cover image What’s Wrong? Personal Histories of Chronic Pain and Bad Medicine

What’s Wrong? Personal Histories of Chronic Pain and Bad Medicine

Erin Williams. Abrams Comicarts, $29.99 (226p) ISBN 978-1-419-74734-2

If Western medicine tends to overlook patients’ individual lived experiences, this powerful collection of illustrated personal histories from Williams (Commute) embodies a protest of sorts. Framed by the artist’s own narrative of chronic mental and physical illnesses, the stories spotlight four people whose conditions were made worse by the professionals and systems meant to help them. Dee is a Brooklyn-born woman from a Jamaican family, whose circuitous navigation of a racist medical system may have led to a delayed diagnosis of bladder cancer. Rain is a queer trans woman with a primary immunodeficiency syndrome that primarily affects genetic males; their diagnosis leaves them struggling financially and their identity in a state of flux. Alex, one of the elite gymnasts sexually abused by former U.S.A. women’s national team doctor Larry Nassar, struggles to separate joy (the endorphins of a backflip) from dread (of the “hundreds of ‘treatments’ ” she received from Nassar). Williams, herself a former cancer researcher, once made science her “entire personality.” Here she cites systemic failures of medicine, but her thesis is ultimately existential: medicine can be part of care, she posits, but true care requires community. Intricate watercolors and flattened digital art depict the feelings that science cannot: bodies falling through space, rendered animalistic, ghostly, monstrous—but also occasionally flourishing, when care for the soul is part of the process. Though these portraits can be harrowing, they offer solidarity and uplift to those who’ve felt marginalized by the medical system. Agent: Paul Lucas, Janklow & Nesbit Assoc. (Jan.)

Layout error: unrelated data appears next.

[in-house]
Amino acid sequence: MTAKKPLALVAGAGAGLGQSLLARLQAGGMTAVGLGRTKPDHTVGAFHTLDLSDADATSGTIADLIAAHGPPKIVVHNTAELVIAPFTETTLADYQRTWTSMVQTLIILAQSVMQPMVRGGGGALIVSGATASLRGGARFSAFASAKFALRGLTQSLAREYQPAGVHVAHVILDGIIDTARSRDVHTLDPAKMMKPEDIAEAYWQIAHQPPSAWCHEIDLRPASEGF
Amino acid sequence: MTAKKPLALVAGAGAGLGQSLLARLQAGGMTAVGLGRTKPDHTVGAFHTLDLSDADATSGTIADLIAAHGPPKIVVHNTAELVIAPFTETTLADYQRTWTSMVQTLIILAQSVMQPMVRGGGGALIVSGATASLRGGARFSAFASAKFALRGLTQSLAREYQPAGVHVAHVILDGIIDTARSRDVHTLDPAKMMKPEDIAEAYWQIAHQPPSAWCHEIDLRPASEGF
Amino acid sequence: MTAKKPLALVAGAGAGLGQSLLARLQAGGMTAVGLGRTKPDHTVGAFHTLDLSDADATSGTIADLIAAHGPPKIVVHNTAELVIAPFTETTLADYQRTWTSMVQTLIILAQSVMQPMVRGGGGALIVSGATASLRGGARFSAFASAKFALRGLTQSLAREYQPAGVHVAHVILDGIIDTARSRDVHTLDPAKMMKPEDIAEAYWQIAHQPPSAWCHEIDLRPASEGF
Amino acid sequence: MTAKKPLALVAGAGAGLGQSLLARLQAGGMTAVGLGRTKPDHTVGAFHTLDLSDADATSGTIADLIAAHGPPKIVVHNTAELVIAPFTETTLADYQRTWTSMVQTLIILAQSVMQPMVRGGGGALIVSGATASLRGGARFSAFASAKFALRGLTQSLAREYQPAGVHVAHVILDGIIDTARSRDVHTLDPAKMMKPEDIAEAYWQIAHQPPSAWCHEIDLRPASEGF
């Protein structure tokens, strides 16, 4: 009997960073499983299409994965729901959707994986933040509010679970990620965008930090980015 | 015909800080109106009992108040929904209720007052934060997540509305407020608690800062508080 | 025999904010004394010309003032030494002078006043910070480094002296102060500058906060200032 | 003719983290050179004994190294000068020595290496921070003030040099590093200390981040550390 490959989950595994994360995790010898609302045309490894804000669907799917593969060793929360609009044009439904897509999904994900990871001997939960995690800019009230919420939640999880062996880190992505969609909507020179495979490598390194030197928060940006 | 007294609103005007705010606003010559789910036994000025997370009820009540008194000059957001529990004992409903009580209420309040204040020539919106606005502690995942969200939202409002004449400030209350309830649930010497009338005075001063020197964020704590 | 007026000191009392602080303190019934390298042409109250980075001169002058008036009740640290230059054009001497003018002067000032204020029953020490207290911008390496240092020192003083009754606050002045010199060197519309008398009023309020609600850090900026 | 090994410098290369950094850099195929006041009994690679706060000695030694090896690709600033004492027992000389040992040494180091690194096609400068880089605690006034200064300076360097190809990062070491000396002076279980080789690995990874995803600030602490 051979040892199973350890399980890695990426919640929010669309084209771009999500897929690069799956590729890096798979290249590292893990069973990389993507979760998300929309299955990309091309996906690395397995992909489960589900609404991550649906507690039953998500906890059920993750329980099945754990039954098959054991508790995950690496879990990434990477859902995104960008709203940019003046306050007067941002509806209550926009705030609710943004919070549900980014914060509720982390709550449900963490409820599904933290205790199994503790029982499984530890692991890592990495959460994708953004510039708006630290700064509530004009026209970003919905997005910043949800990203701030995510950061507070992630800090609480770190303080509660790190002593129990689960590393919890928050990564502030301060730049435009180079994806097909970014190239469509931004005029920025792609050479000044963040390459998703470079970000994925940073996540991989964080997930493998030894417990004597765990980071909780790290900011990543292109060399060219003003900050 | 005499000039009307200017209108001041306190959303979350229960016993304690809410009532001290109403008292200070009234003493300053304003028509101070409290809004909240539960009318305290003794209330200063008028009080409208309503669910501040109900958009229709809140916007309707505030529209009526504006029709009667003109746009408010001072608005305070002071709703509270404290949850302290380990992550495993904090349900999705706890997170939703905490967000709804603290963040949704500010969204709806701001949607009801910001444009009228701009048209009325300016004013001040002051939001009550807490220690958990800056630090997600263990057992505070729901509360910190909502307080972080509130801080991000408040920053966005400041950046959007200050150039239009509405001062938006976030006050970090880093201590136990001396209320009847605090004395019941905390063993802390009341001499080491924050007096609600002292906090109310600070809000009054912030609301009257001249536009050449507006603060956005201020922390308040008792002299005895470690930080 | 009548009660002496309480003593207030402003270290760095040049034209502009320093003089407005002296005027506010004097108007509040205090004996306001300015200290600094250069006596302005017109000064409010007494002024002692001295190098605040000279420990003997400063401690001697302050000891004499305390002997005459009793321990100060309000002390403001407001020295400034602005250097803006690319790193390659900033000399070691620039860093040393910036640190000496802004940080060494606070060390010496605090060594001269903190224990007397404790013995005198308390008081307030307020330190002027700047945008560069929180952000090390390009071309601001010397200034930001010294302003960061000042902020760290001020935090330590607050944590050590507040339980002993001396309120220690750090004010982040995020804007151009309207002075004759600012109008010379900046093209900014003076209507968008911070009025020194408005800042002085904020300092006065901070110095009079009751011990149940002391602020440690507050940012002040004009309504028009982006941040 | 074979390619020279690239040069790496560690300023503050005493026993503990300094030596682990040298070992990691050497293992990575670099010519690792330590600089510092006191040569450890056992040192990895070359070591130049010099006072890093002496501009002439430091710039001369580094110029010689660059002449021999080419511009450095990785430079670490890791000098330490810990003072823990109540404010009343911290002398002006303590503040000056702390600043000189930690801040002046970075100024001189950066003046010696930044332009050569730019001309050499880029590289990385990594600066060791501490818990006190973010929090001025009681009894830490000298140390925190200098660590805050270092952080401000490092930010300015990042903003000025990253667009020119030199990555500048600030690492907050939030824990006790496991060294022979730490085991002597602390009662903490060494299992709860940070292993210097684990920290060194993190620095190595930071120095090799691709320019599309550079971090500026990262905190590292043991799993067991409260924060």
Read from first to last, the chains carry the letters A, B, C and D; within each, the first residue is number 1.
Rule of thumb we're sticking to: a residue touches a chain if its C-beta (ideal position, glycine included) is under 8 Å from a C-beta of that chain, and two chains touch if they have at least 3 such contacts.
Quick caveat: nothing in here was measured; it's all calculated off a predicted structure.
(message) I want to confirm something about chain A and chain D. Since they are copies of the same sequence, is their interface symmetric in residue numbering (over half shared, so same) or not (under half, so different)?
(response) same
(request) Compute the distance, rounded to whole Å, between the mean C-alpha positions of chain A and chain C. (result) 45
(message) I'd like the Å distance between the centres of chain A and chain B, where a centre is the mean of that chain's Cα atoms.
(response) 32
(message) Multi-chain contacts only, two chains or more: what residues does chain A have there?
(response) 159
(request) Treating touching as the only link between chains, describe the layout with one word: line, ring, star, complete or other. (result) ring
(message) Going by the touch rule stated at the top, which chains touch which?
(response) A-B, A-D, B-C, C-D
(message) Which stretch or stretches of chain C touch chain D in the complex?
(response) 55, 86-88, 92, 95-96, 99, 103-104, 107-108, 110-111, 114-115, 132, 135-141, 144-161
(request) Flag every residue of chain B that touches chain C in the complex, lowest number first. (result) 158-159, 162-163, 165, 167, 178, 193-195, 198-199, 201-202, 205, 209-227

Correction: A previous version of this review used the wrong pronouns to refer to one of the profile subjects.